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A CHILD’S CHRISTMAS IN WALES

THE BASICS:   This grossly expanded version of Dylan Thomas’ beloved little childhood reminiscence is this year’s holiday offering at the Irish Classical Theatre.  Chris Kelly directs a cast of 14 (!)  Musical direction is by Joseph Donohue III.  A CHILD’S CHRISTMAS runs weekends at the Andrews Theatre through December 15th.  The play, with its single, 10 minute intermission, runs a tad over 2 hours.

THUMBNAIL SKETCH:  The adult Dylan Thomas, who narrates, takes us back to the long-ago Christmases of his boyhood in rural Wales.  A memory play, it is not about any specific Christmas, or any specific year, although it would appear that we have drifted back in time to the 1920’s.

THE PLAY, THE PLAYERS AND THE PRODUCTION:  I realize, as I sit down to write this, that I’m going to be thought of as some combination of Ebeneezer Scrooge, Old Man Potter and the Grinch by the time you finish reading.  Two hours of nicely costumed nostalgia with lots of nice voices blending in prettily arranged traditional and pseudo-traditional tunes—what’s not to like?  Well, there are some things, actually, especially for a crotchety old purist like myself:

Let’s start with the source material, and what happened to it.  A CHILD’S CHRISTMAS, first published in 1950, and recorded by Thomas himself in 1952, helped establish Caedmon Records, and went on to be poet Thomas’ best loved prose piece.  It’s really very short, and can be read out slowly and dramatically, to great effect, in about 20 minutes.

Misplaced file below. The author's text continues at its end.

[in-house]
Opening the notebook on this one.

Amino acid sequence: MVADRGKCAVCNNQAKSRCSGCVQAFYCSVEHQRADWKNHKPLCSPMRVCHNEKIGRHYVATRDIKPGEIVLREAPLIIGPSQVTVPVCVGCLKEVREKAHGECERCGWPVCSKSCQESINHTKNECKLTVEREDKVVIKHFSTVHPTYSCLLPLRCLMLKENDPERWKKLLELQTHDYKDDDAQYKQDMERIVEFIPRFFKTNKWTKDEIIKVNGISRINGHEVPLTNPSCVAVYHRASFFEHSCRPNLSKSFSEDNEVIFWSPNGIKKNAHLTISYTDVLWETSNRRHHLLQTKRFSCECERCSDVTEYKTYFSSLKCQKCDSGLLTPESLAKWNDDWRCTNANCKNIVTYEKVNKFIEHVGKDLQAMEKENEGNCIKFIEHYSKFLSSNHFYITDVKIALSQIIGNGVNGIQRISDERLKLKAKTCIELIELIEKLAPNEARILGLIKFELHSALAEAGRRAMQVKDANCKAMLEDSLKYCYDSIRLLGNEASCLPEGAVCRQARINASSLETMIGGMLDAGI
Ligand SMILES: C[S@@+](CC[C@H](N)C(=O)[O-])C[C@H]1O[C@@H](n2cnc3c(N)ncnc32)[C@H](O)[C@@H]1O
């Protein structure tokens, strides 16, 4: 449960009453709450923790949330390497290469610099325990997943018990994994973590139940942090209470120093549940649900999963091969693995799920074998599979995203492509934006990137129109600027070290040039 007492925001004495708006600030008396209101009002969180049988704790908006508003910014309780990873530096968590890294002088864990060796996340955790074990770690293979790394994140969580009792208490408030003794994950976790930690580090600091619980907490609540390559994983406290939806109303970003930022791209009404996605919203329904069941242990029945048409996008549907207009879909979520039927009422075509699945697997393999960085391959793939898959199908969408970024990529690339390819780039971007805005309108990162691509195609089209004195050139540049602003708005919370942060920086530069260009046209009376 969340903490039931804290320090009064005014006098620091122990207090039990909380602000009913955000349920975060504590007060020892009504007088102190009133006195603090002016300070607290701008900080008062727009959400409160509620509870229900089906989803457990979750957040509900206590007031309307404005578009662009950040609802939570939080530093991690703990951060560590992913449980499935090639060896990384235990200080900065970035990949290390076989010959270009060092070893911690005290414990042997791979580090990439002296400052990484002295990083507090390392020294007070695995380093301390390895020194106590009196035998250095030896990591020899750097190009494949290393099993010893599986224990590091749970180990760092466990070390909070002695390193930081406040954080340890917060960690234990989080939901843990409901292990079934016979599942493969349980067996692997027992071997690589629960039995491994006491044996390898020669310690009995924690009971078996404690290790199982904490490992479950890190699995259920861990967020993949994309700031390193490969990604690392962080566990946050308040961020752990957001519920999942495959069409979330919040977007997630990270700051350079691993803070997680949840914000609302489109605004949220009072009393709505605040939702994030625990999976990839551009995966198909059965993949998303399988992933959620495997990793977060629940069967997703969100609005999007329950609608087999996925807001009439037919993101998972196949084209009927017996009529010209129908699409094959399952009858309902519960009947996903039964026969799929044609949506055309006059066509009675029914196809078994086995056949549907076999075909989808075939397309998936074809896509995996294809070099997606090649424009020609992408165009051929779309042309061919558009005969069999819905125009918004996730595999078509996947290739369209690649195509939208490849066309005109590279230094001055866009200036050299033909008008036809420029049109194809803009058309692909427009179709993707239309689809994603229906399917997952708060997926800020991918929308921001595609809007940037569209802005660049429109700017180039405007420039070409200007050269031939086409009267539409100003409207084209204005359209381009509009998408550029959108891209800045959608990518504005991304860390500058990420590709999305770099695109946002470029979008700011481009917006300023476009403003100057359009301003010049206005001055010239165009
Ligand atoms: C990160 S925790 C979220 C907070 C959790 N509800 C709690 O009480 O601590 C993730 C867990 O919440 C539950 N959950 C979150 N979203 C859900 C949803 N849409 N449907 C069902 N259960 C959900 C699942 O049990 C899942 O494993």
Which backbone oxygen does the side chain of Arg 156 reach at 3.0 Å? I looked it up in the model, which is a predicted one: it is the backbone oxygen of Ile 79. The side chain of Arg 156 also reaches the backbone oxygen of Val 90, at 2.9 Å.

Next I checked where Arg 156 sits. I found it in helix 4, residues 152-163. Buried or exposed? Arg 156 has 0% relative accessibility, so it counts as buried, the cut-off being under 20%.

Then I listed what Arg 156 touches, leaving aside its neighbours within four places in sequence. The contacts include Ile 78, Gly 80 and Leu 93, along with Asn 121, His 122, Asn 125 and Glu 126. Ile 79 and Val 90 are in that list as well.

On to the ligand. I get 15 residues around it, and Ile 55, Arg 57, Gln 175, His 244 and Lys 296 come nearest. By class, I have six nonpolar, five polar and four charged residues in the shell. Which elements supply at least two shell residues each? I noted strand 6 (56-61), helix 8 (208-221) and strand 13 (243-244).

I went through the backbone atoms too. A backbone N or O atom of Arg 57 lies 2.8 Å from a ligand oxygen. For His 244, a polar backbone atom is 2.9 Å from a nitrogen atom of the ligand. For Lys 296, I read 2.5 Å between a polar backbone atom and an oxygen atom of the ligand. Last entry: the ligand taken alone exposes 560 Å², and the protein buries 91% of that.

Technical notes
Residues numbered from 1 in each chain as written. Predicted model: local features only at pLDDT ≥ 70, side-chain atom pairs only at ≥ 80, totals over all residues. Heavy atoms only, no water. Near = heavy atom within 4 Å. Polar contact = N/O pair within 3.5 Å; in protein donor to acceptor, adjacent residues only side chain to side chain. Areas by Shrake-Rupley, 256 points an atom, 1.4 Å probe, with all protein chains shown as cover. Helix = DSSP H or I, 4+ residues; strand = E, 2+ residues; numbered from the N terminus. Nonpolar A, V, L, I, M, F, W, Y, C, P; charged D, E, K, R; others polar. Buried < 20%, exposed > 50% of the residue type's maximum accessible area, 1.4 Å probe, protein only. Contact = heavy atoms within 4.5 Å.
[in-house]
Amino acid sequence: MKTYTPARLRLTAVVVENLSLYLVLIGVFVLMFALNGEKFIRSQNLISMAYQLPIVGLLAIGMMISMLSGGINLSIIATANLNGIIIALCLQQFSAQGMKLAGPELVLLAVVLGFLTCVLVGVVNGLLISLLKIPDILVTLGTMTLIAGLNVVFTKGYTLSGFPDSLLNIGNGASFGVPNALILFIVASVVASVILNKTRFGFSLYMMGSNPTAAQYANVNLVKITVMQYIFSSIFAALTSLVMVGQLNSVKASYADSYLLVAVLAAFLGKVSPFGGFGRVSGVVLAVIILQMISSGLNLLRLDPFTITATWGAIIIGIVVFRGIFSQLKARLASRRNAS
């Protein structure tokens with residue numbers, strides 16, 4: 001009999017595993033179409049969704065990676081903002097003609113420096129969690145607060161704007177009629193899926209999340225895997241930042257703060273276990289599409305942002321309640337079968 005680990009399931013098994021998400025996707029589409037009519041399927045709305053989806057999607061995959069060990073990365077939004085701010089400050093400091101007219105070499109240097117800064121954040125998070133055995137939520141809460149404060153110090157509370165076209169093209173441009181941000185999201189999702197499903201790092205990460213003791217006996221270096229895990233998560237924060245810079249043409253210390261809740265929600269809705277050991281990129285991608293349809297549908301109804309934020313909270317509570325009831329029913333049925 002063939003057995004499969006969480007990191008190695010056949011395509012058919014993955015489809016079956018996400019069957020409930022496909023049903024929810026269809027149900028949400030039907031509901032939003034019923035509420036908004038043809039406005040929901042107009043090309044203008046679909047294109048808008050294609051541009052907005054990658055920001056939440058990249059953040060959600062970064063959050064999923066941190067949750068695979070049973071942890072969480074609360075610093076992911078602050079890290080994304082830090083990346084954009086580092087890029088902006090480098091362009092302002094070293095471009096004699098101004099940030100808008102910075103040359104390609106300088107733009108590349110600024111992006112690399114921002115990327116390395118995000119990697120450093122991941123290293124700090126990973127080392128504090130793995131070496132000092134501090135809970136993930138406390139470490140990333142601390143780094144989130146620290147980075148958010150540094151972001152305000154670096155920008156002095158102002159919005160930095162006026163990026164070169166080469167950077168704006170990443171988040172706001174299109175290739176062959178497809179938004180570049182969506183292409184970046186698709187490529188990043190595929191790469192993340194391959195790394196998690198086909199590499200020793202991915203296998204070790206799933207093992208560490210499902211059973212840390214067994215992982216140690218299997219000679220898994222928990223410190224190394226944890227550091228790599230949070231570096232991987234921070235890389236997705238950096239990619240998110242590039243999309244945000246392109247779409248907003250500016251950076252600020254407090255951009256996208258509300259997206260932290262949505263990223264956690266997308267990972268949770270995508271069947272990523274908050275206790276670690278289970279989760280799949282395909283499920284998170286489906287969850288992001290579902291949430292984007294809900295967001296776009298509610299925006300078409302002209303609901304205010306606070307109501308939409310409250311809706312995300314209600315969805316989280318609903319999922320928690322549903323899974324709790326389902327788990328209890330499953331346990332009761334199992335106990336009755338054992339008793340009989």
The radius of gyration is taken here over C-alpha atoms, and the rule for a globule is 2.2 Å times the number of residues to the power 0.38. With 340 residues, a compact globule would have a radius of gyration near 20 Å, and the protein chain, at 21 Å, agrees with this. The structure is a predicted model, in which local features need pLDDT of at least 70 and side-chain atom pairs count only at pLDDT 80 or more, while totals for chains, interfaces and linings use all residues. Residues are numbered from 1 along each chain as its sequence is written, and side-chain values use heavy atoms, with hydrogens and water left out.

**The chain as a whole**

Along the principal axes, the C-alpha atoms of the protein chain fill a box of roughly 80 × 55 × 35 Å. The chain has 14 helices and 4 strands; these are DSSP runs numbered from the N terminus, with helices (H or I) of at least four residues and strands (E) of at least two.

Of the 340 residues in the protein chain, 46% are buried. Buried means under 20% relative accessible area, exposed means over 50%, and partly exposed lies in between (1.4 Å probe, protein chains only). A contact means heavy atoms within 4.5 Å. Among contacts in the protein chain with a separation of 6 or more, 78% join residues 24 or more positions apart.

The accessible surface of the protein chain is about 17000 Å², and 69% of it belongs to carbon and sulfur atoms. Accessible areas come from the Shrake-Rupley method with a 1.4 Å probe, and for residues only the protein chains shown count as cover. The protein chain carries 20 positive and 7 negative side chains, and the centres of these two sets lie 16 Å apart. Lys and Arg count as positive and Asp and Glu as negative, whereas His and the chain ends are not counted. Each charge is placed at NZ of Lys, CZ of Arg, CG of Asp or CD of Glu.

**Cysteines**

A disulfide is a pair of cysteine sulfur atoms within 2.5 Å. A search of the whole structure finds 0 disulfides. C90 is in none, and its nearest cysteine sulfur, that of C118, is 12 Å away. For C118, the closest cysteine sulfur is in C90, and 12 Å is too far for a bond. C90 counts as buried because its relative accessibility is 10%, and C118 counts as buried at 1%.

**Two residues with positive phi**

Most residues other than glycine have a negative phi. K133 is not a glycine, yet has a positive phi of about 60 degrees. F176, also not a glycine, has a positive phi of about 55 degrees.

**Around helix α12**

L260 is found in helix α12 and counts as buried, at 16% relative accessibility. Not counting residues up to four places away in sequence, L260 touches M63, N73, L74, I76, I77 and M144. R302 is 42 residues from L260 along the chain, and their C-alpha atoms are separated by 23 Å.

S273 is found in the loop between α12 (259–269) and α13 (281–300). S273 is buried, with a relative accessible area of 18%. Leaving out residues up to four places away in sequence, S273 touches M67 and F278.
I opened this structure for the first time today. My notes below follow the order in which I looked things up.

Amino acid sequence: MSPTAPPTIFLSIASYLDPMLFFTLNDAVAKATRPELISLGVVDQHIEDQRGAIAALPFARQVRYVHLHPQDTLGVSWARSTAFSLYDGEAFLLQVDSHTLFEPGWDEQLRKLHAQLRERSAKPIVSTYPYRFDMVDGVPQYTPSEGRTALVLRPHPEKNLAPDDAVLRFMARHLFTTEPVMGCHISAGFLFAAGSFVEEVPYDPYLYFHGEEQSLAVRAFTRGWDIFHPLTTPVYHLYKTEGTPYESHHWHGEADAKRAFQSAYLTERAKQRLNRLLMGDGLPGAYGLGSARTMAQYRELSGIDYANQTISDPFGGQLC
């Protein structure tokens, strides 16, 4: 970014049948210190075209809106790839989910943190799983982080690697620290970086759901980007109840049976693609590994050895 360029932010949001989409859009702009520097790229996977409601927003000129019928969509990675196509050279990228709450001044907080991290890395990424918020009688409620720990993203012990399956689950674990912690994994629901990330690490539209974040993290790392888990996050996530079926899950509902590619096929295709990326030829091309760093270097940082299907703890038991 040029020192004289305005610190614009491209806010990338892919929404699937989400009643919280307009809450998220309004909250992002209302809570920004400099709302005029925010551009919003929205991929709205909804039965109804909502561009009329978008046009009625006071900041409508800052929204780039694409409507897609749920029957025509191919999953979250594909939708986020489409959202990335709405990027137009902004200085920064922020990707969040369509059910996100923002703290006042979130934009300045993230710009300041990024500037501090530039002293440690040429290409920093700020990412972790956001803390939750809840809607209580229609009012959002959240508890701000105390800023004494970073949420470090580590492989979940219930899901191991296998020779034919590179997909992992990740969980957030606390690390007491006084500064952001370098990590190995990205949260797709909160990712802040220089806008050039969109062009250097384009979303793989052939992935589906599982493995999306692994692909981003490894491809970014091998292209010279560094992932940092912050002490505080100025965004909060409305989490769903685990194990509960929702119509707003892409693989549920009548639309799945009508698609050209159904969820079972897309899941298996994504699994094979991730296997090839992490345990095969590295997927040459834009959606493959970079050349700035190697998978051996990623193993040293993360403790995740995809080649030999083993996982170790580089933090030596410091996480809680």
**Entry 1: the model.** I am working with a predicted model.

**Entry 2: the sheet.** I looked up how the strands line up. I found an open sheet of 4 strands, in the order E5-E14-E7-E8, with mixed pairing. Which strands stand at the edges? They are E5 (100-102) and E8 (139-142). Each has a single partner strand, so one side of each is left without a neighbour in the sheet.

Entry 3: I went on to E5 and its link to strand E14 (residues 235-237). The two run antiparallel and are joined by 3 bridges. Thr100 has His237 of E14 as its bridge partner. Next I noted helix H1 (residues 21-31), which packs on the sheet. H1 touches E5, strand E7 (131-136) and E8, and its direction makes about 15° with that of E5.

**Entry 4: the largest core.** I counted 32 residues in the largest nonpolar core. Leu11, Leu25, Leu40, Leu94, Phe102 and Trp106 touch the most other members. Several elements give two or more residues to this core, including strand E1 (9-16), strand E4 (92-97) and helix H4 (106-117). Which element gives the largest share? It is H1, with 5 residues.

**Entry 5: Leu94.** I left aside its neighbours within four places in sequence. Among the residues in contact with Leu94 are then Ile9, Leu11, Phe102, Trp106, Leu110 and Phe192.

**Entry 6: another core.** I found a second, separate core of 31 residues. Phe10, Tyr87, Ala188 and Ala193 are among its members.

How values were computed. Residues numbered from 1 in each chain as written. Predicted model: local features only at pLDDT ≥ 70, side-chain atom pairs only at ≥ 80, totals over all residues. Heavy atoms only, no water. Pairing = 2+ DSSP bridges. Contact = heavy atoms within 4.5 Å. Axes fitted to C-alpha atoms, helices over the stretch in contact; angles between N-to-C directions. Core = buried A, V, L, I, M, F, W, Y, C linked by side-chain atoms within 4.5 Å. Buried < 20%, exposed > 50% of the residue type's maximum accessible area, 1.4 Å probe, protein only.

Photo by Gene Witkowski

So, what do we have here at the ICTC, that takes up a full two hours of our time?  Mostly songs, a little dance, and chatter from a large raft of “colorful” characters made up entirely by the “adapters”—Jeremy Brooks and Adrian Mitchell.  Although it may not ruffle the feathers of many viewers, this, to my mind, is real chutzpah!  Yes, Brooks and Mitchell have retained some of Thomas’ beautiful language.  It all comes out of the mouth of the adult Dylan Thomas;  here in Buffalo, Vincent O’Neill purrs it out quite pleasingly. But, as I reckon it, this CHILD’S CHRISTMAS is only about 15% Dylan Thomas.  How would you feel if you bought a carton labeled “orange juice”, to find that it was only 15% orange juice?   To continue the food analogy, adapters Brooks and Mitchell have taken a delicious but small square of cake, and plastered it over with a good 6” of mediocre supermarket frosting! 

In the manner of Mr. Thomas, these adapters have kept the piece plotless, but this is not necessarily a virtue when you are dealing with a two hour play! 

The music is definitely pleasant;  there is plenty of fine musicianship on display all evening.

The music is definitely pleasant;  there is plenty of fine musicianship on display all evening.  Tender three and four part harmonies abound.  But the numbers, pretty as they are, grow repetitive as the piece plods along.